The Art of Haiku

By Clark, Anna | The Christian Science Monitor, September 4, 2012 | Go to article overview

The Art of Haiku


Clark, Anna, The Christian Science Monitor


There is hardly a schoolchild who is not familiar with haiku, the Japanese art of the tiny poem, constructed out of three lines of 5- 7-5 syllables and traditionally evoking images from nature. But while an understanding of haiku is often left at that, its legacy in art and literature is decidedly more complex. In The Art of Haiku, Stephen Addiss illuminates how haiku evolved in the hands of its masters, stretching from the eighth century to the 12th. He purposefully juxtaposes the well-known poetic form with its less famed artistic counterparts: paintings, called haiga, and calligraphy. Fully formed haiku was meant to be experienced both visually and textually. This uncommon book gives us the chance to do just that.

Addiss is the right man to author The Art of Haiku. He is not only a leading haiku scholar, but also a practicing artist who has exhibited ink paintings and calligraphy around the world. He translates from Japanese, and has a lengthy list of publications. Fittingly, as haiku has its roots in song, Addiss traveled the world as part of the folk music duo Addiss & Crofut. He studied music at Harvard University and, with composer John Cage, at the New School in New York. He didnt begin his graduate work on East Asia until he was in his late thirties.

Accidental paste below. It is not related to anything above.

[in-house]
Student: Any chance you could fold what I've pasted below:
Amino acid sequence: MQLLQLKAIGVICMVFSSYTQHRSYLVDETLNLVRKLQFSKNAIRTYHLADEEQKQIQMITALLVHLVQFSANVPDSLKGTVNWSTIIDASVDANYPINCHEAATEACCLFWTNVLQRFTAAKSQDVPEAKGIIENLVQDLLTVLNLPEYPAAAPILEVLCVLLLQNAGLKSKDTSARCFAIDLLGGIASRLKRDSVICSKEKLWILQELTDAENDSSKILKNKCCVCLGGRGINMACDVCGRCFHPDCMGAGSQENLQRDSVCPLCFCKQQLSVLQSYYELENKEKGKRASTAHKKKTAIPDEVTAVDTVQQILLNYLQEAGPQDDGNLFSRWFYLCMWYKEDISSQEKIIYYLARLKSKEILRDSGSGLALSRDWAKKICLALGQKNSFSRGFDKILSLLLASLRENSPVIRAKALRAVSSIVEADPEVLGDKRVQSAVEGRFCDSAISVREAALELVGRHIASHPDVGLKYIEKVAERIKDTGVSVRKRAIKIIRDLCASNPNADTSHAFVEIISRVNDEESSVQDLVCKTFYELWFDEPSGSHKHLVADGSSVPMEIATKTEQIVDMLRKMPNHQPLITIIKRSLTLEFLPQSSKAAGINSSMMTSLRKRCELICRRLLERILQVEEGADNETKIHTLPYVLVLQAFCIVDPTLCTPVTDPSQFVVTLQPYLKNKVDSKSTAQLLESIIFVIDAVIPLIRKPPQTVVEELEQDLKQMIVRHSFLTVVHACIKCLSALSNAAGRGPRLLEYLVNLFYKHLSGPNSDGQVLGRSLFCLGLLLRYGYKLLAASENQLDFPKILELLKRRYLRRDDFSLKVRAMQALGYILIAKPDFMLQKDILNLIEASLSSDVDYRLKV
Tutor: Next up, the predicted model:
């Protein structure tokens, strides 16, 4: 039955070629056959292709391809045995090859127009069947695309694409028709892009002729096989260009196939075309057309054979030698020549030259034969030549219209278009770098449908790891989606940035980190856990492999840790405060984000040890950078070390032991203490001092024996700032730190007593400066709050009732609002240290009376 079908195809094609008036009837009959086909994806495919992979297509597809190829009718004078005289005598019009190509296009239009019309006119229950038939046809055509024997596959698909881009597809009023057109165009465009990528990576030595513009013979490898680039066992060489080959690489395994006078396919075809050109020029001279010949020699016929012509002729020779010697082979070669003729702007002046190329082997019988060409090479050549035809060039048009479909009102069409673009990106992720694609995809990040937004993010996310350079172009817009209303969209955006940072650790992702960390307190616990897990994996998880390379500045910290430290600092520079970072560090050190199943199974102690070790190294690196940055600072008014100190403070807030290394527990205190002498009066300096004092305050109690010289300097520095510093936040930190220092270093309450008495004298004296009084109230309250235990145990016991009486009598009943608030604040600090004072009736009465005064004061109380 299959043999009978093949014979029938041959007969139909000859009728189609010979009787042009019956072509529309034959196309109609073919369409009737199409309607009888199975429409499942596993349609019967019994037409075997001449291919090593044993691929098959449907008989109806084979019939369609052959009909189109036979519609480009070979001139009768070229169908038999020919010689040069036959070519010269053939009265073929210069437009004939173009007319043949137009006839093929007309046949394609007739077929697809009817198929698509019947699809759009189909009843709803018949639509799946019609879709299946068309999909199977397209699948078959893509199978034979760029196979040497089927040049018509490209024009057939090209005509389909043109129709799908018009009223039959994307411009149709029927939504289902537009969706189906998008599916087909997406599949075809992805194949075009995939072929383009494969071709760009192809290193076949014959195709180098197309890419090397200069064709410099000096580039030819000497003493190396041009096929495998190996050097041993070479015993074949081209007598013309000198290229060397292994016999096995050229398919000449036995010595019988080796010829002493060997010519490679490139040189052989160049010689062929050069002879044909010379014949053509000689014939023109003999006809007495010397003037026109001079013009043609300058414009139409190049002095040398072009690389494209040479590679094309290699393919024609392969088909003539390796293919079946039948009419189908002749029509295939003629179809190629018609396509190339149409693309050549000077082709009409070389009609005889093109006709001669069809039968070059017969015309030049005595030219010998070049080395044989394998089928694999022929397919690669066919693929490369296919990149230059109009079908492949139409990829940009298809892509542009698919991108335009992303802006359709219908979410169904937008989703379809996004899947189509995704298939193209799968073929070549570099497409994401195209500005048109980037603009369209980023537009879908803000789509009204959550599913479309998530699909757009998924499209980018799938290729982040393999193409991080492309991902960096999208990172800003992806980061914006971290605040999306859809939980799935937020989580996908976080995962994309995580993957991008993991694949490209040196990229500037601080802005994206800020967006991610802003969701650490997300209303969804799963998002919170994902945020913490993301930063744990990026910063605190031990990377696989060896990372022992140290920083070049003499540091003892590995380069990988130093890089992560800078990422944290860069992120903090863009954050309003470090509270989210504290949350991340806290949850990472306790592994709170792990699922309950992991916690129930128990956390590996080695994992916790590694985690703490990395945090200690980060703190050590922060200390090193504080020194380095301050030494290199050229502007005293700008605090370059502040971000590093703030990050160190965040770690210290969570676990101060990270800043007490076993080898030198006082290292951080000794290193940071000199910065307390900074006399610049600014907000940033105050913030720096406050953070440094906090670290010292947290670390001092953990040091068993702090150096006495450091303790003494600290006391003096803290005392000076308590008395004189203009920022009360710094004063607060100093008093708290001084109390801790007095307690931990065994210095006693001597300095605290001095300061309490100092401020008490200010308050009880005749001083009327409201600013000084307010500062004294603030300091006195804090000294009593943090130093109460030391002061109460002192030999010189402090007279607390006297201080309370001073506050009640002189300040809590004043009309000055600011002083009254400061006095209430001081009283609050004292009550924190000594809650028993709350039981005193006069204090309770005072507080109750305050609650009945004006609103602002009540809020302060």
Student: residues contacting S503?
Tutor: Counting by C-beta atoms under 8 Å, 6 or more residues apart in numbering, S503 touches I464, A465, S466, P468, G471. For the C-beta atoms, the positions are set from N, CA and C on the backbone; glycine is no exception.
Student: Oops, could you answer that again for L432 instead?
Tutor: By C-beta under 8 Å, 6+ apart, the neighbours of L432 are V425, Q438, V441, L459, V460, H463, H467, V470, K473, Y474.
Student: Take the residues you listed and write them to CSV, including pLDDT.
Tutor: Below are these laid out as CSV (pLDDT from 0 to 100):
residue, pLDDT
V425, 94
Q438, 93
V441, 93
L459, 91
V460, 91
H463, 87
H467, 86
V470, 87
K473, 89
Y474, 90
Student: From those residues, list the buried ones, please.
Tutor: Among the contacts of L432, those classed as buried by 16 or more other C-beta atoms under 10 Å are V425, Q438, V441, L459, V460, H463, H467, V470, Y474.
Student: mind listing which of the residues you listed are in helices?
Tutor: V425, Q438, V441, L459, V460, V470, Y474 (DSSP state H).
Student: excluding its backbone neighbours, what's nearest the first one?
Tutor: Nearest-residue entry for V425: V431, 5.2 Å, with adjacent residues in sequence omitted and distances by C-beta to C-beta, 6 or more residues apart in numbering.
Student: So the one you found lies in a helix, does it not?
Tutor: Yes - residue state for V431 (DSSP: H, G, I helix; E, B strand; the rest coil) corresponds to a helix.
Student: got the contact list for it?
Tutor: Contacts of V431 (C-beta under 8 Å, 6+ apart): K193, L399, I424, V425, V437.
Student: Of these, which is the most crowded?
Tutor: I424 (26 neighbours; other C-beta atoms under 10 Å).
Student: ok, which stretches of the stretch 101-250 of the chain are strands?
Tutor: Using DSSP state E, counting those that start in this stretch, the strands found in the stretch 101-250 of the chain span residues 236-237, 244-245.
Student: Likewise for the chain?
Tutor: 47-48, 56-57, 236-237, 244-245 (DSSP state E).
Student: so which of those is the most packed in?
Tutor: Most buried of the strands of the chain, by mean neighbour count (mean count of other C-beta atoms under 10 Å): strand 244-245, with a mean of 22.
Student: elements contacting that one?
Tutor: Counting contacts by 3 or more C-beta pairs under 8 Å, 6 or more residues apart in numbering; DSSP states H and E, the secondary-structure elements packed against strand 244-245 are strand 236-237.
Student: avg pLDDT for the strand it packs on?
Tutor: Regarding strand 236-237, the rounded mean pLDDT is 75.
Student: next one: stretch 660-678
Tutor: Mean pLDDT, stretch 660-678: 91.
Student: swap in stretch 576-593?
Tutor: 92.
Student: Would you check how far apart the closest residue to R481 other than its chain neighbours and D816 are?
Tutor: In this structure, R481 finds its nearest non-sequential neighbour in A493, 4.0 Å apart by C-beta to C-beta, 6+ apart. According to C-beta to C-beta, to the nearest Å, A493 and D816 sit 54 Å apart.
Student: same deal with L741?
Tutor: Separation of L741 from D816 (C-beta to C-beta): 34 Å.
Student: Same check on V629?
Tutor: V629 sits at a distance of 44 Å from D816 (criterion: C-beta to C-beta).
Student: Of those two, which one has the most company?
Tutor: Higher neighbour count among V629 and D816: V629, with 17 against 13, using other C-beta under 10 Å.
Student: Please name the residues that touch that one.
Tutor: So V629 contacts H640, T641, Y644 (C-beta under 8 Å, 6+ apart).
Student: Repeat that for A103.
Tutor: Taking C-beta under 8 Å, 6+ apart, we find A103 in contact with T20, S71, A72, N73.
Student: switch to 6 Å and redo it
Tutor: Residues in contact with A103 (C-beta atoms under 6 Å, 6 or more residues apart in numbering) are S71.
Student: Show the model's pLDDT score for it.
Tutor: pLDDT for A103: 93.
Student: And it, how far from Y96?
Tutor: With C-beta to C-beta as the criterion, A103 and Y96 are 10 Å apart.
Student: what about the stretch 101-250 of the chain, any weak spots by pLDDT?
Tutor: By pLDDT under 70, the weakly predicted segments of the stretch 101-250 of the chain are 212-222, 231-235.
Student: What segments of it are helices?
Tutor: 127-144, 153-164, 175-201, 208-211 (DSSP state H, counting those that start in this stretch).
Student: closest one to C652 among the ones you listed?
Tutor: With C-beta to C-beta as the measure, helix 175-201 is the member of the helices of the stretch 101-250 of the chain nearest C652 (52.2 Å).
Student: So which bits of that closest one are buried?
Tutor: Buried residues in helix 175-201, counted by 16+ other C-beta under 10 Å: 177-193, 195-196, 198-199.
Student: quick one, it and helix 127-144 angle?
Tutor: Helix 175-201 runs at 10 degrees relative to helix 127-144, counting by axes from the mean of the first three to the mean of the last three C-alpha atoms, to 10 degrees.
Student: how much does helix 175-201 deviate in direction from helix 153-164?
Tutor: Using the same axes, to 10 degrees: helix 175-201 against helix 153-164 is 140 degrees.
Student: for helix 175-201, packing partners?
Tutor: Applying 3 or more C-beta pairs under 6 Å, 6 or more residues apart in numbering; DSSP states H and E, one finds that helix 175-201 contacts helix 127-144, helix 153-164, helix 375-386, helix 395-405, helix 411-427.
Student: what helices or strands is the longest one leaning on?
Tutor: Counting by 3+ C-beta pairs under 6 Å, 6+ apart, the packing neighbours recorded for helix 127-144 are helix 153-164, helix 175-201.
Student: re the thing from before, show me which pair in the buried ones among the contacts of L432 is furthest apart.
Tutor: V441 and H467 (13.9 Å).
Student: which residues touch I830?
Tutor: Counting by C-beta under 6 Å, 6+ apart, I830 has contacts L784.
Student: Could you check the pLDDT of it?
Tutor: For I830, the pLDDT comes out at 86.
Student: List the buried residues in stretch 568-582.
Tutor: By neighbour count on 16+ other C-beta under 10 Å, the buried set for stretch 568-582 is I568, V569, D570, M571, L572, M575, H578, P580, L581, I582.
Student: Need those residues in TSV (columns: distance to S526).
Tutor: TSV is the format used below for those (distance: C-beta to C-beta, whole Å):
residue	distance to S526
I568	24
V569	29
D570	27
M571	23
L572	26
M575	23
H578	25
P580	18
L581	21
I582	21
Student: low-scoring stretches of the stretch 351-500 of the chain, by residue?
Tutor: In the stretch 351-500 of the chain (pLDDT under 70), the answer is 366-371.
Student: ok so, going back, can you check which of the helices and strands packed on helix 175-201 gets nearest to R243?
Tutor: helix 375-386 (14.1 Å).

Fascinating as Addiss himself is, he keeps out of the spotlight in The Art of Haiku. The book is a steady narration on the emergence of haiku, beginning with the courtly tradition of tanka (five-line poems or songs of 5-7-5-7-7 syllables) and evolving into new forms, including haiga, haikai (comic verse), and renga, where two or more poets go back and forth to create a chain of linked tanka, shaped by a range of curious rules. Chinese-derived words were frowned upon, but seasonal references should be included in roughly half the segments [], Addiss informs us. Some words could only appear once in a thousand verses, including the words for demon, tiger, dragon, and woman.

The book is rich with poems 997 haiku, nearly all translated by Addiss and integrated easily with the text alongside transliterated Japanese originals. Particularly fascinating is the discussion of haiku translation. Idiosyncrasies in the originals, such as pause marks called kijeri (literally, cutting words) leave room for translators to make judgment calls on how to evoke rhythm or amplification. Addiss encourages readers to sound out the Japanese originals and provides the tools to do so to hear the music, and he does so with a grace that does not undercut the worth of the gorgeous English versions. He arms readers with a wealth of context on how, for example, the Japanese word for color and passion is the same. …

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